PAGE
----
Hendricks says he has signed with attorney Raymond Brothers, president of Roc Nation basketball, as his NBA representation.
“I want to thank my mom and brothers Tyler and Jamal,” Hendricks said. “Also, UCF and Coach Johnny Dawkins for pushing me to develop my game and help get me where I am now. Also, I want to thank the Lord for ordering my steps through this whole journey.”
Hendricks, the No. 12 prospect in ESPN’s NBA draft projections, was named second-team All-AAC after averaging 15.1 points, 6.9 rebounds and 1.6 blocks per game this season, shooting 39% for 3.
He led all AAC freshmen in each of those categories while setting a conference record by winning rookie of the week honors on nine separate occasions.
Hendricks was one of college basketball’s breakout stars, going from being ranked outside of the top-50 of his high school recruiting class to a potential top-10 pick in the span of just one season.
“A big part of that was choosing the right school,” Hendricks said. “A place that would let me grow and give me the opportunity to show my skills and develop.”
Hendricks made a steady ascent up the basketball ranks, winning a state championship as a high school freshman alongside current NBA players Scottie Barnes and Vernon Carey Jr. at University School in Fort Lauderdale, Florida, as well as Michigan freshman Jett Howard, a projected top-20 pick in the 2023 draft. He became the highest-rated recruit in UCF history upon enrolling from Calvary Christian Academy, along with his twin brother Tyler, forgoing scholarship offers from Florida, Florida State, Miami, LSU and others.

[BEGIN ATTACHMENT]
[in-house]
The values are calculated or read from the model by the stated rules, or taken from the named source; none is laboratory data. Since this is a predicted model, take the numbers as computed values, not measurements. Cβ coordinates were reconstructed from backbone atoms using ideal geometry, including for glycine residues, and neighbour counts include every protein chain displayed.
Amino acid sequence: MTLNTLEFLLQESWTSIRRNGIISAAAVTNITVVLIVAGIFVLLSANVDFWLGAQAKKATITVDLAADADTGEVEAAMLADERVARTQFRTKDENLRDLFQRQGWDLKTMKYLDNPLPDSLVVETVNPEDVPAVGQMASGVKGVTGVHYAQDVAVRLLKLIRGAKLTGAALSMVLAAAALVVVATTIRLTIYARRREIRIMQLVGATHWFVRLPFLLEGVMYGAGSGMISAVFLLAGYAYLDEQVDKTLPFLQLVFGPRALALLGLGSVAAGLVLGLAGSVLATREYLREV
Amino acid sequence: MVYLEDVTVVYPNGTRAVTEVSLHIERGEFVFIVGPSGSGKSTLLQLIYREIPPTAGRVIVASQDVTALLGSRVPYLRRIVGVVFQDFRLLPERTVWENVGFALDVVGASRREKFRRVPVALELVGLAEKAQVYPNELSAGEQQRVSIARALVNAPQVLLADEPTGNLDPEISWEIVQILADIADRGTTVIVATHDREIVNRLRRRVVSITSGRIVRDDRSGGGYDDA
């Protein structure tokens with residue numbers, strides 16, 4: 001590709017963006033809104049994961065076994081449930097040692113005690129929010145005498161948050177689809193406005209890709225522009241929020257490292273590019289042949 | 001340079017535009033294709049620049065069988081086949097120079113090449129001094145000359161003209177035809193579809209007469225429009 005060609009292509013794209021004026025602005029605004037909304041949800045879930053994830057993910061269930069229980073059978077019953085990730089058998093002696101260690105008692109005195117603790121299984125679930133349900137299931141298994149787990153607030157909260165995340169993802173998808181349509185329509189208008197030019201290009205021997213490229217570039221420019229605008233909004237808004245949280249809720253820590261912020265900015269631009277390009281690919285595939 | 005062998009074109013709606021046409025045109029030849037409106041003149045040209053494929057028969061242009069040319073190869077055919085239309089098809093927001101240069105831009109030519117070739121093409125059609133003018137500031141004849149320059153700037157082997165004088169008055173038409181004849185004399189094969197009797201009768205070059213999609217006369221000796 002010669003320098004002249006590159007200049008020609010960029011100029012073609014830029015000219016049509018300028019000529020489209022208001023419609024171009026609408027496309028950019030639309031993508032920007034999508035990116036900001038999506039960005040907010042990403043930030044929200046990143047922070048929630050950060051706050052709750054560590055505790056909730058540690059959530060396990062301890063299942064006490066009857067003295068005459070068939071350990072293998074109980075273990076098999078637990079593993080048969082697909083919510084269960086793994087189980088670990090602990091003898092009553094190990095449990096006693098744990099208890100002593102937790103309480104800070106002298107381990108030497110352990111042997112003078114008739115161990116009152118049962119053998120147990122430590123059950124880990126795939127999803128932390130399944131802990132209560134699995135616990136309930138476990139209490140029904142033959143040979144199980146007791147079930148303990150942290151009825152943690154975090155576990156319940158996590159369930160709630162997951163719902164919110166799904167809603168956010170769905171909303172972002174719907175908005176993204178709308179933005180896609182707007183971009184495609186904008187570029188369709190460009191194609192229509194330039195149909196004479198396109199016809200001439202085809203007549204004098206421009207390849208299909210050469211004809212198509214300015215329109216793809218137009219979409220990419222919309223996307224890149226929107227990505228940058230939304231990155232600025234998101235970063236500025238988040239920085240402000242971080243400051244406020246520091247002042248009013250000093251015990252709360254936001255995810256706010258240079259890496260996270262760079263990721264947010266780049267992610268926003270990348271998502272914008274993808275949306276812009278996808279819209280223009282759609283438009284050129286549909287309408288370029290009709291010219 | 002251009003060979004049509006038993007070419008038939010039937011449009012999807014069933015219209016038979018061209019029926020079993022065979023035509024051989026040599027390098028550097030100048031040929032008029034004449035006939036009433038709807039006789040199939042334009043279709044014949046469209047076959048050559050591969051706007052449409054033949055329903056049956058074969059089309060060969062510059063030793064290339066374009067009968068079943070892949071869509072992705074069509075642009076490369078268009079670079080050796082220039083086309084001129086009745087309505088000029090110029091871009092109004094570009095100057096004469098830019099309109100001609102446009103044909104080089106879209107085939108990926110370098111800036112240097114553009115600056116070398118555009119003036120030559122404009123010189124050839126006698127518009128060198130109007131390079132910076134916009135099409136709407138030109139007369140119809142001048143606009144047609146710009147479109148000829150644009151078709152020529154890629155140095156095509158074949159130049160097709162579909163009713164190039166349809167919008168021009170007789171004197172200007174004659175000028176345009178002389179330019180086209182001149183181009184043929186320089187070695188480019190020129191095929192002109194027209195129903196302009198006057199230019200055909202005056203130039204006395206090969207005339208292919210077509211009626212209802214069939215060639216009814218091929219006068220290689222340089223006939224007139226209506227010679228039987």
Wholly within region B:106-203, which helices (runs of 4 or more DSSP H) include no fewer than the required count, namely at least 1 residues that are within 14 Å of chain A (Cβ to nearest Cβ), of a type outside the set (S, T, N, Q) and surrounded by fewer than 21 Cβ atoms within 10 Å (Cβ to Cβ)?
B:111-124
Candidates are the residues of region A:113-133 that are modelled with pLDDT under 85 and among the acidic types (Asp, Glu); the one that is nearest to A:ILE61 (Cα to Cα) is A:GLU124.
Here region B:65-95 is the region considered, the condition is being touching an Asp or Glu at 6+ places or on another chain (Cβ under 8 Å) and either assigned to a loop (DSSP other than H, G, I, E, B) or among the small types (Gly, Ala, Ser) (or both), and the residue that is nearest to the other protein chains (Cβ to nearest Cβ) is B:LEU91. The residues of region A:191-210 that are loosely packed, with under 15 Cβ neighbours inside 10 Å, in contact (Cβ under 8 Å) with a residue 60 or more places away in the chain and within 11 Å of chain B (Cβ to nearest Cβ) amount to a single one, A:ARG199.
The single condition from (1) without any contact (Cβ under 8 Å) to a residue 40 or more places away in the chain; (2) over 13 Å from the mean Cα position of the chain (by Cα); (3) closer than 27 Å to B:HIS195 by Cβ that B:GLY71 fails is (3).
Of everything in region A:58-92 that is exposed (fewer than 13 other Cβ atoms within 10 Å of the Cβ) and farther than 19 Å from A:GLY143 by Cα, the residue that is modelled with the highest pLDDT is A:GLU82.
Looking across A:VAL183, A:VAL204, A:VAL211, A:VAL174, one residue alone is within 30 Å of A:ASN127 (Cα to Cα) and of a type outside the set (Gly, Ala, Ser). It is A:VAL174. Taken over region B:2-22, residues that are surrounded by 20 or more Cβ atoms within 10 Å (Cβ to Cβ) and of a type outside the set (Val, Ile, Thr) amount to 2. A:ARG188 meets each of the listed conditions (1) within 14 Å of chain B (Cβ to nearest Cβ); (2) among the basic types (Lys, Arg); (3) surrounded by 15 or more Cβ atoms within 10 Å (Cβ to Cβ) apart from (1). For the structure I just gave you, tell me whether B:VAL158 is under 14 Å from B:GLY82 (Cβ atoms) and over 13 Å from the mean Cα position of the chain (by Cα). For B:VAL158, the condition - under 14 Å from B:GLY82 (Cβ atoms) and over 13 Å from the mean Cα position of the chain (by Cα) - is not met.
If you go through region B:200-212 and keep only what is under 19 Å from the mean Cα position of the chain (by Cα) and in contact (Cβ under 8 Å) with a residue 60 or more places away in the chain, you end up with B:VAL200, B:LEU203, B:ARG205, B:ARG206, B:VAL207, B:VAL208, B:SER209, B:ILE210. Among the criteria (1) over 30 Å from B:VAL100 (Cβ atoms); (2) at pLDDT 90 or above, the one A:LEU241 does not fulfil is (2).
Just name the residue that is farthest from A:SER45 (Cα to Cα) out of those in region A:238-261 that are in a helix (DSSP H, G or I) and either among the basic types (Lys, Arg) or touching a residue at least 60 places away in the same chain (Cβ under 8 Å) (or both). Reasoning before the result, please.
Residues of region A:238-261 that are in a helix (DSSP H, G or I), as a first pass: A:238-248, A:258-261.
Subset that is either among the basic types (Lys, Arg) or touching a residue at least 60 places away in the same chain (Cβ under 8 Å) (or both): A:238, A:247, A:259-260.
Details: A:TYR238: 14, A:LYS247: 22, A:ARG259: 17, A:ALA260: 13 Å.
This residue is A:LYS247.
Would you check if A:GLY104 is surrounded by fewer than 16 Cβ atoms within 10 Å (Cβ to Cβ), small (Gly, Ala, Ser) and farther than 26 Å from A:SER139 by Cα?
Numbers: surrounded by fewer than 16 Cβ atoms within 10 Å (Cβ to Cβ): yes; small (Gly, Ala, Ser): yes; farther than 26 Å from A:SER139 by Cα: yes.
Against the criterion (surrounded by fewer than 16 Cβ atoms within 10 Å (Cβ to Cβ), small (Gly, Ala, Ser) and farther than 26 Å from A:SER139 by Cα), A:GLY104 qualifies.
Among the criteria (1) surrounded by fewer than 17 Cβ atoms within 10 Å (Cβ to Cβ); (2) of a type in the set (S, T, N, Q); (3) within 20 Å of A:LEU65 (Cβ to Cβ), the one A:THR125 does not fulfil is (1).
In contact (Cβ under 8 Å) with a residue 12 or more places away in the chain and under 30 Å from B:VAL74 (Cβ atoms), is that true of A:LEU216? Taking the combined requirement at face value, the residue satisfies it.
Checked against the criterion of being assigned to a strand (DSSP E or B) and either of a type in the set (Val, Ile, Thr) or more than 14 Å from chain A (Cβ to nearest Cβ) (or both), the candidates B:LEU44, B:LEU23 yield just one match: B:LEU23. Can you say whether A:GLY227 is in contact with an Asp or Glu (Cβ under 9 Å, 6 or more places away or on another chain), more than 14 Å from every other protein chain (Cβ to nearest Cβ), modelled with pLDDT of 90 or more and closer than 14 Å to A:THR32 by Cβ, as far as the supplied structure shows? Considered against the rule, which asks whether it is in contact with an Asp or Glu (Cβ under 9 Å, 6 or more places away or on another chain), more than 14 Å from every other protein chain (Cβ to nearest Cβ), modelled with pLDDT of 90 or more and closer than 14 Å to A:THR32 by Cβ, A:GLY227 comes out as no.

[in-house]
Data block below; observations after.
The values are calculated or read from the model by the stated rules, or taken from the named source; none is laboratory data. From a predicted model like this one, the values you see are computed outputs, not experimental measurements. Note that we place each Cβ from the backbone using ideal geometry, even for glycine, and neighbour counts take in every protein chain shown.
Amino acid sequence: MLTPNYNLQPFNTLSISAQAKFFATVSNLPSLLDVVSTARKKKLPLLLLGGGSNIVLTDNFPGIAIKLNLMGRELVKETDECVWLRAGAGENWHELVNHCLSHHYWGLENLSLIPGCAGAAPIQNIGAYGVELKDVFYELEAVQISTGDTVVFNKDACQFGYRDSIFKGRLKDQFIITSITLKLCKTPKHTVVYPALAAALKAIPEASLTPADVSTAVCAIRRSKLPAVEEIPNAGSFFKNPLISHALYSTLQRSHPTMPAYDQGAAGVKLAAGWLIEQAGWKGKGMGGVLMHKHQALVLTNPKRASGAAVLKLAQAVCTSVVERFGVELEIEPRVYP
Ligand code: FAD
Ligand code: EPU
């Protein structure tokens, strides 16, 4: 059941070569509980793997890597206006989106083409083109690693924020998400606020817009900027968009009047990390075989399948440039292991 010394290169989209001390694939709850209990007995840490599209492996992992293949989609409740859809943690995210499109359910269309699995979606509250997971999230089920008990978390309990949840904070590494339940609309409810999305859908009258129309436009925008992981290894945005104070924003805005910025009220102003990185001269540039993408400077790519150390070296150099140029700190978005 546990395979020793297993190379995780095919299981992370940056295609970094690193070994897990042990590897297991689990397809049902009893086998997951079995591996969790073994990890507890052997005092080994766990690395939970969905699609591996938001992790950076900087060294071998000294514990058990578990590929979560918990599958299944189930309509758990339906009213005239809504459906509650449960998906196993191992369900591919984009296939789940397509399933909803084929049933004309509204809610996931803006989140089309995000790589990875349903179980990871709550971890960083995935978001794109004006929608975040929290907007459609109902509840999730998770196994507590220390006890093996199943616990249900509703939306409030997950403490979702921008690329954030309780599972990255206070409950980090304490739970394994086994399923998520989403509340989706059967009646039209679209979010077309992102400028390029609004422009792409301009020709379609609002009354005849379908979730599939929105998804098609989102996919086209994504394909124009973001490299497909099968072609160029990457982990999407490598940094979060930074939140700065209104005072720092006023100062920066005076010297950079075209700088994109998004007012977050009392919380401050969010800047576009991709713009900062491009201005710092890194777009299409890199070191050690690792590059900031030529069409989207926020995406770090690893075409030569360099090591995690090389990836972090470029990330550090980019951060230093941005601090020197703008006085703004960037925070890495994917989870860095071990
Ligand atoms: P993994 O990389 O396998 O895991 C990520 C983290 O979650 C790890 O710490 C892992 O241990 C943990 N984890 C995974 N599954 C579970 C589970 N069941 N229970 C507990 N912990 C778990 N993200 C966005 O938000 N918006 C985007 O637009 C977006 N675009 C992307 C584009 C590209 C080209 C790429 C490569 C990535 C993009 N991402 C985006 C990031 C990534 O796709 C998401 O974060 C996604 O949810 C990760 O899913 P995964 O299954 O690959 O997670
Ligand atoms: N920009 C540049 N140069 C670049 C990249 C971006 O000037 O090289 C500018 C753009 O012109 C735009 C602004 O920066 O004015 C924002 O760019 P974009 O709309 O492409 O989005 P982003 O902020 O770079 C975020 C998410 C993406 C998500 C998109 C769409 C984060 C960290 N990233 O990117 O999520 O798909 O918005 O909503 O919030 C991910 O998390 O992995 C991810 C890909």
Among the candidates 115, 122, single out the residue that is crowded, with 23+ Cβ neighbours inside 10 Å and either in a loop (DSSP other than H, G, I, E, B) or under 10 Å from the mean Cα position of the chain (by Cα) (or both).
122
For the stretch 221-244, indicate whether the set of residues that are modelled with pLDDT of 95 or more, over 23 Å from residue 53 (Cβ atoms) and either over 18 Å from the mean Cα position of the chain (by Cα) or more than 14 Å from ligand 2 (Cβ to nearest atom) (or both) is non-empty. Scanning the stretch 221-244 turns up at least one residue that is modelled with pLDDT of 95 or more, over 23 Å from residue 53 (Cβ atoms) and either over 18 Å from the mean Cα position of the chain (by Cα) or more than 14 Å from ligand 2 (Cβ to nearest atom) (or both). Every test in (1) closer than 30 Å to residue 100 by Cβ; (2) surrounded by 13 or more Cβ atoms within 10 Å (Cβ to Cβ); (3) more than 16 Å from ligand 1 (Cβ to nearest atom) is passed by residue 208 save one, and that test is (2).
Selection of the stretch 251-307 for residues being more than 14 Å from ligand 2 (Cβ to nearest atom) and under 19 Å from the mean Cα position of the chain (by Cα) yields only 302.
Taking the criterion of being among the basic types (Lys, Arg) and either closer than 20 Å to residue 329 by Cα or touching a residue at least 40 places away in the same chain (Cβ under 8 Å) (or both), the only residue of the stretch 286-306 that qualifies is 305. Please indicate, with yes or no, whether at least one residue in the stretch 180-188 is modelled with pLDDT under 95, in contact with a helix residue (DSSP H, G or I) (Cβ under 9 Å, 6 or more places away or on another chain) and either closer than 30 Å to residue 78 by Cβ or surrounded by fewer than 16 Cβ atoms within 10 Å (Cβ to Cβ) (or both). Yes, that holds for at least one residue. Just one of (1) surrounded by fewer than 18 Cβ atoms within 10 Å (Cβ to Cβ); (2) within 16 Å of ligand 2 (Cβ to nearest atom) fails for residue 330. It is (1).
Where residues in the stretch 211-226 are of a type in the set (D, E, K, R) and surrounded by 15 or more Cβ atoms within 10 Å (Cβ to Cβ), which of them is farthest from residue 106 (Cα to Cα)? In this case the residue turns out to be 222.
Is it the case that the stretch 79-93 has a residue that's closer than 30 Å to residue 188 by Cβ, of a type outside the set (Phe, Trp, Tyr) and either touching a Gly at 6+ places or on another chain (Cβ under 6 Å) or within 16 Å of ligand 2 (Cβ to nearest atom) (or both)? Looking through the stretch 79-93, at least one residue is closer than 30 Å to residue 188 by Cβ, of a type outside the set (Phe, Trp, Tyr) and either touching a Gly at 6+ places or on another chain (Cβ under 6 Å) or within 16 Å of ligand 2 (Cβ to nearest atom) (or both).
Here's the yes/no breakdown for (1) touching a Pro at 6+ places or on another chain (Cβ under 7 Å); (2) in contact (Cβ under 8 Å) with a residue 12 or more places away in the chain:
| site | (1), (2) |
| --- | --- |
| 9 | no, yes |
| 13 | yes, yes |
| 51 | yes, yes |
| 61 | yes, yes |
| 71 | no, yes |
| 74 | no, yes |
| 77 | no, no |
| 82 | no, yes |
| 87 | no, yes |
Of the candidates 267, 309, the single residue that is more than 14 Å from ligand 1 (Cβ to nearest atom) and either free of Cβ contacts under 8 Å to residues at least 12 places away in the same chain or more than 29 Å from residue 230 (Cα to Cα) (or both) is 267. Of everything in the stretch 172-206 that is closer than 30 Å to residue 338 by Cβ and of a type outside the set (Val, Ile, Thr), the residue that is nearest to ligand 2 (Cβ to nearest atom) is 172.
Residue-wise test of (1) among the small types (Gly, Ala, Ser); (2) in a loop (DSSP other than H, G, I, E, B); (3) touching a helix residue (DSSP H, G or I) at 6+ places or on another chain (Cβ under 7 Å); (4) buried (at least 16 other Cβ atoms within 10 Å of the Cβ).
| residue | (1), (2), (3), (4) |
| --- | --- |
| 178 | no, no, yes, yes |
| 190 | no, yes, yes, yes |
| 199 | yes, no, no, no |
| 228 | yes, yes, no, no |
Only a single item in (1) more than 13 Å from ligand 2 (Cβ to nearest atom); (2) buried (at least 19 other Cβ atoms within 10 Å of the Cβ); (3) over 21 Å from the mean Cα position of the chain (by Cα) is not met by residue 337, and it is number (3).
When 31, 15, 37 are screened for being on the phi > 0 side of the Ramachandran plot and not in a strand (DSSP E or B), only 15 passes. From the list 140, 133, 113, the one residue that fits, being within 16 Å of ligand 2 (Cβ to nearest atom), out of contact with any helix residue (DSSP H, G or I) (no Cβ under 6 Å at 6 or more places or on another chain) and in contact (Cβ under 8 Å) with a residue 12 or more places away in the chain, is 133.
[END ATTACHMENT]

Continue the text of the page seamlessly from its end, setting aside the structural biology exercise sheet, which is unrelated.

“I picked UCF because of the fit and the relationships I built,” Hendricks said. “The coaching staff made a big effort to build a good relationship with my entire family. They told how I would fit and exactly what my role would be. I wanted to go somewhere I’d play my first year and they offered me that opportunity.”
Hendricks made an immediate impact at UCF, impressing NBA scouts with his combination of defensive versatility, high-level intensity and perimeter shooting, making 61 of 155 3-pointers in 34 games. He was consistently productive against the top teams on UCF’s schedule, posting some of his best games against the likes of Houston, Florida, Ole Miss and Oklahoma State, showing he could have excelled anywhere in the country.
“It really came down just trying to win,” Hendricks. “Trying to do everything in my skill set to compete every time I stepped on the court, and not going outside of what coach asked me to do. Just playing my role.”
UCF made the NIT, defeating Florida on the road in Gainesville in the opening round before losing at Oregon this past weekend.
NBA teams say Hendricks’ youth and ability to fill up every category of the stat sheet in an efficient manner without needing plays called for him makes him an analytics model favorite, which suggest he has a strong case for consideration as a top-10 pick.
“It doesn’t matter where I’m drafted,” Hendricks said. “I’ll be there for a reason. I will make the best of any situation.”
The NBA draft combine will be held May 15-21 in Chicago, and the draft will be June 22 in Brooklyn.
Jonathan Givony is an NBA draft expert and the founder and co-owner of DraftExpress.com, a private scouting and analytics service utilized by NBA, NCAA and International teams.
Source : ESPN